Most of us have probably never been caught out on a lake in the middle of a storm. For, if we were on the lake and a storm came up, round here, shore is always within sight and landfall is readily made. We might get caught in the rain or in the wind. We might feel anxious and vulnerable, but the truth of the matter is that we are not at the mercy of the wind and the waves, riding out a storm, and wondering if we are going to make it. Because, sailors say, the nearest land is always straight down when you are in the middle of a large lake or an ocean.
Most of the storms of life that we get caught up in are the storms of another sort. And to us, those are just as threatening as the waves crashing against the boat on the open sea. Our tempests might be of acrimony with others, or the heartache of going through a divorce, or dealing with a child who is caught up in legal problems, or our own medical problems. Those are also storms in life that are frightening enough. And we can get caught up in them, and enmeshed in them and they leave us feeling just as vulnerable as those disciples, tossed to and fro on the storm of the Galilean Lake.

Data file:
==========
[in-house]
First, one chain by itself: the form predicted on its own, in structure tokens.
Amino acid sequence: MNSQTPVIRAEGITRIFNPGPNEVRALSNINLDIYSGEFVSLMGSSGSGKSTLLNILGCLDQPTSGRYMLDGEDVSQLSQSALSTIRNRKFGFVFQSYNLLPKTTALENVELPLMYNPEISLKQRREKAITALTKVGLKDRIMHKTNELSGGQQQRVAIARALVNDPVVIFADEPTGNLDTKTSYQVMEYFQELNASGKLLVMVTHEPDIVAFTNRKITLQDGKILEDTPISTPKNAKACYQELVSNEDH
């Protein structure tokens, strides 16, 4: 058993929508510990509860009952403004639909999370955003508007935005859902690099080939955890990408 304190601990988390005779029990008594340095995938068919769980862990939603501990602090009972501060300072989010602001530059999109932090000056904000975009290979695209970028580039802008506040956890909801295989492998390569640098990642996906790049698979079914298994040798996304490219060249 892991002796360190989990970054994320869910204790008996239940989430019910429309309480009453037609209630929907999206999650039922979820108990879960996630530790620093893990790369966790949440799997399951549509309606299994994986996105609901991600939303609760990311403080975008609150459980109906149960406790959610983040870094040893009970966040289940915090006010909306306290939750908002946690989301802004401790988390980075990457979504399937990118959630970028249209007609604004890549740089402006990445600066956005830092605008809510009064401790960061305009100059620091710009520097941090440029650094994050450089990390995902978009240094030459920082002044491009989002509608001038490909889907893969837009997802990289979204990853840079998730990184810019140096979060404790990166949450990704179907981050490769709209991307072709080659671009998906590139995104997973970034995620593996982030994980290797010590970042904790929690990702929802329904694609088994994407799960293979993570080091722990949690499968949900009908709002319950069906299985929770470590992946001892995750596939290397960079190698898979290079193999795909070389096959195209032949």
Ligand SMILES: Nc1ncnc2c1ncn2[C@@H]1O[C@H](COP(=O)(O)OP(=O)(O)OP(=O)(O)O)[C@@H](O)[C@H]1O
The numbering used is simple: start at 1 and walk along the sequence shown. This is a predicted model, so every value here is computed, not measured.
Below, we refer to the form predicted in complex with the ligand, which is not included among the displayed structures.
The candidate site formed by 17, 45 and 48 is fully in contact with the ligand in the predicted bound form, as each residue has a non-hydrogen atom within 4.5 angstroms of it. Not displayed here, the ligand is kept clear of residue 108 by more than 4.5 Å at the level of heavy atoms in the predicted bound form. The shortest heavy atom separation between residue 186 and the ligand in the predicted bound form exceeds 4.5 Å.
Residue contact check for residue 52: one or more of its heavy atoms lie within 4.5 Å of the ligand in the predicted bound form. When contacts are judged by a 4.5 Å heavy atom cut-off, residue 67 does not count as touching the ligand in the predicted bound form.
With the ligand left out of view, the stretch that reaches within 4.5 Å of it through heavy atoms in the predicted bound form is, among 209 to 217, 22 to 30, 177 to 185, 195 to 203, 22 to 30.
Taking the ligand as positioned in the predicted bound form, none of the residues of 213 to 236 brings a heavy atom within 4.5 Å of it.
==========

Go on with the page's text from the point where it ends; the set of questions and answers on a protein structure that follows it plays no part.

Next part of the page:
The church is not immune from those storms either. We remember some of them from the immediate past: for in our lifetimes we have witnessed the issues of the present time, the consecration of Gene Robinson as bishop of New Hampshire, the ordination of women, the change of the prayerbook, I suppose for some the change of the hymnal also. But in eras past, other controversies abounded also: should women vote, or should they not? Did the Bible endorse slavery, or did it not? Was it the divine will to punish those upstart colonies, or was it divine will to establish these United States? Throughout history, the church has been in the midst of controversy as it struggles with its mission to proclaim the Gospel of Jesus Christ. And, if it were not in the midst of controversy, it probably would not be faithful to the calling and mission of the Gospel.